Rochester's best assets and opportunities for economic growth: Rochester's citizens have a great entrepreneurial spirit, a capacity for collaboration and a high level of compassion and caring for all members of our community. Another great asset is the quality and variety of our educational institutions.
Key moment in my career: When I was training at Bellevue Hospital, a patient of mine with tuberculosis was discharged to a homeless shelter, despite my protests. I understood that medical care was limited by the weak social support system and resolved to try to improve public health.

LYDIA BODDIE-RICE
Manager, public affairs, Rochester Gas & Electric Corp.
Education: B.A., Brown University; M.A., Rhode Island College
Family: Husband, Gregory Rice; two daughters, 29 and 27
Professional and community leadership: Secretary of the board of directors and member of the Phoenix Project site selection committee, Rochester Broadway Theatre League; member, Workforce Investment Board; chairwoman, African-American Home Care Initiative, Home Care Rochester; executive committee member, Rochester Community Baseball Inc.; founder, Genesee Waterways Center minority rowing program; former commissioner, Rochester City School District Board of Education
My guiding vision: This anonymous quote reflects my personal and professional vision: "A master in the art of living knows no distinction between his work and play, his labor and his leisure, his education and his recreation, his mind and his body. He hardly knows which is which. He simply pursues his vision of excellence in whatever he is doing and leaves others to determine whether it is work or play. To himself, he always seems to be doing both."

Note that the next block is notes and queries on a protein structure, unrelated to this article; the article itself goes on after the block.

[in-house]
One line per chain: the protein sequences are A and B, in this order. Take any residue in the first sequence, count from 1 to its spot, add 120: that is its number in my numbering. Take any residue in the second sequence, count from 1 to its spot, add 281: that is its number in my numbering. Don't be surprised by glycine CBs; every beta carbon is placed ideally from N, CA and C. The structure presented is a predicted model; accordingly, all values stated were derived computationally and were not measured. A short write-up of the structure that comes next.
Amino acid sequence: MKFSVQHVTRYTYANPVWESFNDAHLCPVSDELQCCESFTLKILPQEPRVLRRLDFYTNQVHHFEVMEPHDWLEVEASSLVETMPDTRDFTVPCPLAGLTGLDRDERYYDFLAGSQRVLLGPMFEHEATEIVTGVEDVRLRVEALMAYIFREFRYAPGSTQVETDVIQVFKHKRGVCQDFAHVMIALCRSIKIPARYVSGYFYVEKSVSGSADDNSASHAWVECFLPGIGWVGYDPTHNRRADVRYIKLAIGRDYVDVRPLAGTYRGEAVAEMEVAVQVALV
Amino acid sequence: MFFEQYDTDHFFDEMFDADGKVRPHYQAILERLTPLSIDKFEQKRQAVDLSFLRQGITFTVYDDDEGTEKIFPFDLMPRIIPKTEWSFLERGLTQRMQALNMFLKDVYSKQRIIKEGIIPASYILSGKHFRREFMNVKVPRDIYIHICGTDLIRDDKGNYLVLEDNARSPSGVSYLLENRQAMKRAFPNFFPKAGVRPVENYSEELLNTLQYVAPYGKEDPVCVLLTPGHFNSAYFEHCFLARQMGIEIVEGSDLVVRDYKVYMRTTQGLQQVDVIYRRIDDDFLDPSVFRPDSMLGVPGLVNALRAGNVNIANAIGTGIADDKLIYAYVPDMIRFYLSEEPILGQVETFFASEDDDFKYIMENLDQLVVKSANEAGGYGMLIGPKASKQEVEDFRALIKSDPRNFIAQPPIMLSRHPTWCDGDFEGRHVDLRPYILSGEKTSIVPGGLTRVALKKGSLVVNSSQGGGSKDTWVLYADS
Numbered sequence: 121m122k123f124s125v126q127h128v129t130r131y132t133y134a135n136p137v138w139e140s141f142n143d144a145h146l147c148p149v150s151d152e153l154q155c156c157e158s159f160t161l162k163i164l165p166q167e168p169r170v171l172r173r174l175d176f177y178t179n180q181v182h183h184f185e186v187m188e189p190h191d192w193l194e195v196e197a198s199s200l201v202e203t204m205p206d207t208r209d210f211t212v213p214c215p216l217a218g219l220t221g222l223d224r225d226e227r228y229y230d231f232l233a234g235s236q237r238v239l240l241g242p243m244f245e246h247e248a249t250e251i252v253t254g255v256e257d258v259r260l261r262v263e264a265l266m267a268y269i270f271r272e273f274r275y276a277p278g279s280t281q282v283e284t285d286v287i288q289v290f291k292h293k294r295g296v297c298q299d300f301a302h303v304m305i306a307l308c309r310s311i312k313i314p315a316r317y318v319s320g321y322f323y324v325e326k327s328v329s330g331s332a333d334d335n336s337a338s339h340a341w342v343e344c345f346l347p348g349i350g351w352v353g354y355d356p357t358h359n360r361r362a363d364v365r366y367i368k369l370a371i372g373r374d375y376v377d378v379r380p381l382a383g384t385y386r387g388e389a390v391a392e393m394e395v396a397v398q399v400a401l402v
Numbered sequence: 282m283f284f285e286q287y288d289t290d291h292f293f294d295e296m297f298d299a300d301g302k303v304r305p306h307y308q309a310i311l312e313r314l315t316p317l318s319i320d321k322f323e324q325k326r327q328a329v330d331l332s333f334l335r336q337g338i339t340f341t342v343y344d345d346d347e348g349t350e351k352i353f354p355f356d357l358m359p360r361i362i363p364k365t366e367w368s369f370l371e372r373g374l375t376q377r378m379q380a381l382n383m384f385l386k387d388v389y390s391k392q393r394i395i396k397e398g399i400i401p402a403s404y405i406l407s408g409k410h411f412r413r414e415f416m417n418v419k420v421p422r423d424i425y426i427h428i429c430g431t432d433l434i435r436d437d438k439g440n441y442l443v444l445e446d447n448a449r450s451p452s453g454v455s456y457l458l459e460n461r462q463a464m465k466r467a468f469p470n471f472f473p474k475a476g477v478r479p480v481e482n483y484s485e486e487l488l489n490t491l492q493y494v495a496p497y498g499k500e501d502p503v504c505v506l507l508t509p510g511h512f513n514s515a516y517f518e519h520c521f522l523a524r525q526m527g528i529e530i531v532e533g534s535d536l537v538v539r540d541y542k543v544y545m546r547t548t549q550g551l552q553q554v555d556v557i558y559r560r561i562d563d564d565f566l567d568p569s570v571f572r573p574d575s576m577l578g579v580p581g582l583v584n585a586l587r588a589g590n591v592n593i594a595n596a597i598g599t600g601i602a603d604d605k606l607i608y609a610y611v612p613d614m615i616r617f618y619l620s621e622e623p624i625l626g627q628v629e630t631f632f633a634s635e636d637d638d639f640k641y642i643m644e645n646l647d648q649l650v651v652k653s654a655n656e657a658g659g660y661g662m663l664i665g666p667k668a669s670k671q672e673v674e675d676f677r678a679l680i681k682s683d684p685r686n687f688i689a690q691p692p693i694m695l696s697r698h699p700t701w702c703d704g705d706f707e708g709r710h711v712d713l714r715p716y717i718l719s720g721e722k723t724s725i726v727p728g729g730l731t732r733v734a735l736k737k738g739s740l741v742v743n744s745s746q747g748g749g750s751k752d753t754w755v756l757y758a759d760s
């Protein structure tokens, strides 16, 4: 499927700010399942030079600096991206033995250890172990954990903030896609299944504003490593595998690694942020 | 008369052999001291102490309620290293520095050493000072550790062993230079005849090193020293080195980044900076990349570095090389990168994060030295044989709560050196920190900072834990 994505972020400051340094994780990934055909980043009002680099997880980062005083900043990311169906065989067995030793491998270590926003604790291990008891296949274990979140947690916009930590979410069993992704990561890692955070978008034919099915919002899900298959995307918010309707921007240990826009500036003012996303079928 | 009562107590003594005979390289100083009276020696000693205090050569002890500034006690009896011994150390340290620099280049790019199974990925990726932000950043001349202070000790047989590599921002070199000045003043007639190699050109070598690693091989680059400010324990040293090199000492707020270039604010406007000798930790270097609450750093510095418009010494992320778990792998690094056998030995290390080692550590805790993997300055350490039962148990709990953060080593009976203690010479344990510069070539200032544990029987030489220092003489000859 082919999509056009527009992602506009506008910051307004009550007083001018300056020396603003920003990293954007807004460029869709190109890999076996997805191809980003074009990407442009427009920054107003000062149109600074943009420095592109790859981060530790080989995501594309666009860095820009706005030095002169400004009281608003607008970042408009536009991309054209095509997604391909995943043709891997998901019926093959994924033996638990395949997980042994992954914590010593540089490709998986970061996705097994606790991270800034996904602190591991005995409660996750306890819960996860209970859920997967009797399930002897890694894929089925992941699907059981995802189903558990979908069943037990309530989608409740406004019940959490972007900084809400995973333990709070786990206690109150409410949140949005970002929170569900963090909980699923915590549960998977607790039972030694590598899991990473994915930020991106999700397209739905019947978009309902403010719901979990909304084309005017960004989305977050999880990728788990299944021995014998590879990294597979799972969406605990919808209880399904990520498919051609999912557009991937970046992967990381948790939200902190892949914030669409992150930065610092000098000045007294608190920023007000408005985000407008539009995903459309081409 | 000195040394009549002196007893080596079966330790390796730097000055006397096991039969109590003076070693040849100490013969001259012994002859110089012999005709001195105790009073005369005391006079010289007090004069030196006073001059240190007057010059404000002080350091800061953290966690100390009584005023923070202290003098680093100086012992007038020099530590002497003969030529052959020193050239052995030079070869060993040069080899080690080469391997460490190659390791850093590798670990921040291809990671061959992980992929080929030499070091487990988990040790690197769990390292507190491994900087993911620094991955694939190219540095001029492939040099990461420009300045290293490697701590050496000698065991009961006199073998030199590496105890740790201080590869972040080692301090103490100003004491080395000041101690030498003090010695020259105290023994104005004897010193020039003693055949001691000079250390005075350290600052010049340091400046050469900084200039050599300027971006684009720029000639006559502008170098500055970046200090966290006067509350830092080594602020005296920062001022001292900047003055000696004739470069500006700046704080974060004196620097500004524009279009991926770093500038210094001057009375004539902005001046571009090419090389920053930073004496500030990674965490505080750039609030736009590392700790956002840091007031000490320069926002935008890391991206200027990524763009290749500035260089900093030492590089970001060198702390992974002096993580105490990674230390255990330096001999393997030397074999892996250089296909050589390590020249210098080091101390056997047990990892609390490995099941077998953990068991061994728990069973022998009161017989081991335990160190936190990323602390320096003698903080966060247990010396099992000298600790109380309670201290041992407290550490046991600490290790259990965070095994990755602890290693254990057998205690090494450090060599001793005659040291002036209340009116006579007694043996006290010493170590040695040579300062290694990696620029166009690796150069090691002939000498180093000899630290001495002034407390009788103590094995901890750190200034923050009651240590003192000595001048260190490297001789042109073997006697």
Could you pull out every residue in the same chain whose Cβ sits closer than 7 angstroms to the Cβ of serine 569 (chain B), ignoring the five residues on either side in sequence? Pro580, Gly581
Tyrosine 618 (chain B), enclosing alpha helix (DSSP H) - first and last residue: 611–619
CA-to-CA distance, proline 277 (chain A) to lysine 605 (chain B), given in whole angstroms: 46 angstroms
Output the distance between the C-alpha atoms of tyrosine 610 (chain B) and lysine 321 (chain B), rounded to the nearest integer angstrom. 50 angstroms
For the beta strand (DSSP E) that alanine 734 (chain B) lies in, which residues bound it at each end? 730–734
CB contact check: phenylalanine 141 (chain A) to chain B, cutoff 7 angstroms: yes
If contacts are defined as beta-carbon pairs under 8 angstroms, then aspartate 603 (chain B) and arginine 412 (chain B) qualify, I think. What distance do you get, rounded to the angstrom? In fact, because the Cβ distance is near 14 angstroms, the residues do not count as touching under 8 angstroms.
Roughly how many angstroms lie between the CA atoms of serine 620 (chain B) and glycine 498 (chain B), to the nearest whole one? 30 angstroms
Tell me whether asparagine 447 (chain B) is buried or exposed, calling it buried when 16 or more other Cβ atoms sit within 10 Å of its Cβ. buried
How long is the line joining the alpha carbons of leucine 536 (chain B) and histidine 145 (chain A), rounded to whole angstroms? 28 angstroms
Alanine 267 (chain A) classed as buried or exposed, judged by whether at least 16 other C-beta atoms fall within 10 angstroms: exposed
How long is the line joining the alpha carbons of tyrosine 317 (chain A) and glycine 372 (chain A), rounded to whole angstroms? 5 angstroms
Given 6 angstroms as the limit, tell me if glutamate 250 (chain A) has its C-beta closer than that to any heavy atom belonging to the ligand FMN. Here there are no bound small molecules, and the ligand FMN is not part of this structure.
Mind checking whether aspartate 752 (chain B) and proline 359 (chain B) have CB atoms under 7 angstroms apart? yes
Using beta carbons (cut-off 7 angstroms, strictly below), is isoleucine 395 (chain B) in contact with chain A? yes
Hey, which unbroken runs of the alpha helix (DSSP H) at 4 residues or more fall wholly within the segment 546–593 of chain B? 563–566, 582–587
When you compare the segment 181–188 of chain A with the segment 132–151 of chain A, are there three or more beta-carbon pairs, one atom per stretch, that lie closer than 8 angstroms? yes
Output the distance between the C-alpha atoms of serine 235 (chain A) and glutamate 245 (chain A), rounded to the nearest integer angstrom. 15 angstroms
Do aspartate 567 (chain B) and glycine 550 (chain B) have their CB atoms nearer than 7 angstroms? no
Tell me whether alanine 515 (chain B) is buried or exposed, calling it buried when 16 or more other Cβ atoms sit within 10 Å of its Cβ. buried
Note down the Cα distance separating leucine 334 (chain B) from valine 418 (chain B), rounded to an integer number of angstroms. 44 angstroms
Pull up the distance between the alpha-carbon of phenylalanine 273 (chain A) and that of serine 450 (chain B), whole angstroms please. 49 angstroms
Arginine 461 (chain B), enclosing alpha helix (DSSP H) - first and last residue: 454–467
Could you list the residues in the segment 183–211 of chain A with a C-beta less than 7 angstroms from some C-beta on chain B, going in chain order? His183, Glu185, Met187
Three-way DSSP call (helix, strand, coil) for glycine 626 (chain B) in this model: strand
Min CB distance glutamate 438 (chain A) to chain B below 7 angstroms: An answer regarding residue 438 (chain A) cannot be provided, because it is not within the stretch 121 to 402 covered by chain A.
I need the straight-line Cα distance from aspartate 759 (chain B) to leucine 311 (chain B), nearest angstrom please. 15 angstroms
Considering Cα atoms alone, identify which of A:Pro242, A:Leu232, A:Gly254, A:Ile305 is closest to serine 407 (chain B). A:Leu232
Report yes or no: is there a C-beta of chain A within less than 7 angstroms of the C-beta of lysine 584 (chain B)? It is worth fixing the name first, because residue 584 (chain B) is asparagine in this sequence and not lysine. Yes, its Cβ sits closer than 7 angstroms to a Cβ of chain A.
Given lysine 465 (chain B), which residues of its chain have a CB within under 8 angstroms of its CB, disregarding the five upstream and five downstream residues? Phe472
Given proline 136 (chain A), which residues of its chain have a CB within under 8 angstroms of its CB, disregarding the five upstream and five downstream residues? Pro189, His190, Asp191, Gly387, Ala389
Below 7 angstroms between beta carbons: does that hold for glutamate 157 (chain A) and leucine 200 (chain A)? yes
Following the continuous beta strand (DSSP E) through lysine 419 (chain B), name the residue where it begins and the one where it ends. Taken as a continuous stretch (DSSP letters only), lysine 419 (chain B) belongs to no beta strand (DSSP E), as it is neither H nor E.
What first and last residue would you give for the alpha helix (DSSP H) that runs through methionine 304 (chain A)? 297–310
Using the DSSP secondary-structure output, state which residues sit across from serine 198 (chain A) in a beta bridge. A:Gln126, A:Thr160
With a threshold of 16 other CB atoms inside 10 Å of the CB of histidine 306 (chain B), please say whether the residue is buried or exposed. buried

Rochester's best assets and opportunities for economic growth: The access to and proliferation of arts and cultural options for community consumption; entrepreneurship and innovation. These best assets form the basis for Rochester's opportunities for economic growth.
Most difficult decision: When to enter political life and when to leave it.

ELLEN BRENNER-BOUTILLIER
Co-owner, vice president and chief financial officer, Fleet Feet Sports Inc. and YellowJacket Racing LLC
Education: B.A., SUNY College at Plattsburgh; MBA, Rochester Institute of Technology
Family: Husband, David Boutillier
Professional and community leadership: Volunteer coordinator, Chase Corporate Challenge; race director, Flower City Challenge, Webster Turkey Trot, FireCracker 5 Mile, Brighton 5K and more; coach, No Boundaries Learn to Run Program, Triathlon Community College and Distance Training
My guiding vision: It's been my passion for fitness and what I can do to get others to appreciate it as well. I have always been motivated to be active and to help others achieve a stronger fitness level. My role in this life is to help people get fit, to live healthier.
Rochester's best assets and opportunities for economic growth: Rochester's assets are its strong academic, research and technology centers, along with its rich history and cultural areas/events. Showcasing these and creating activities/opportunities to bring in people or keep people working, living and playing here will enhance the quality of our communities and the riches of Rochester.
Key moment in my career: In 2002, I became violently ill from Crohn's disease, and then my mother passed. My focus on life/career changed to what is more important: health and family. Simply participating in activities overcame focusing on how well you did that activity, creating a desire to have fun in sport, life and work.

LAURIE BROCCOLO
CEO, Broccolo Tree and Lawn Care Inc.
Education: AAS, Finger Lakes Community College
Family: Husband, Albert; daughter, 24; son, 19
Professional and community leadership: Past board member and continuing adviser, community horticulture and 4-H programs, Monroe County Cornell Co-operative Extension; member, Rochester City School District's Pencil program and numerous programs for all Monroe County schools to connect youths with the environment; member, New York State Integrated Pest Management, Center for Environmental Information, Professional Land Care Network, Genesee Land Trust; leader, environmental landscape projects for the community of Rochester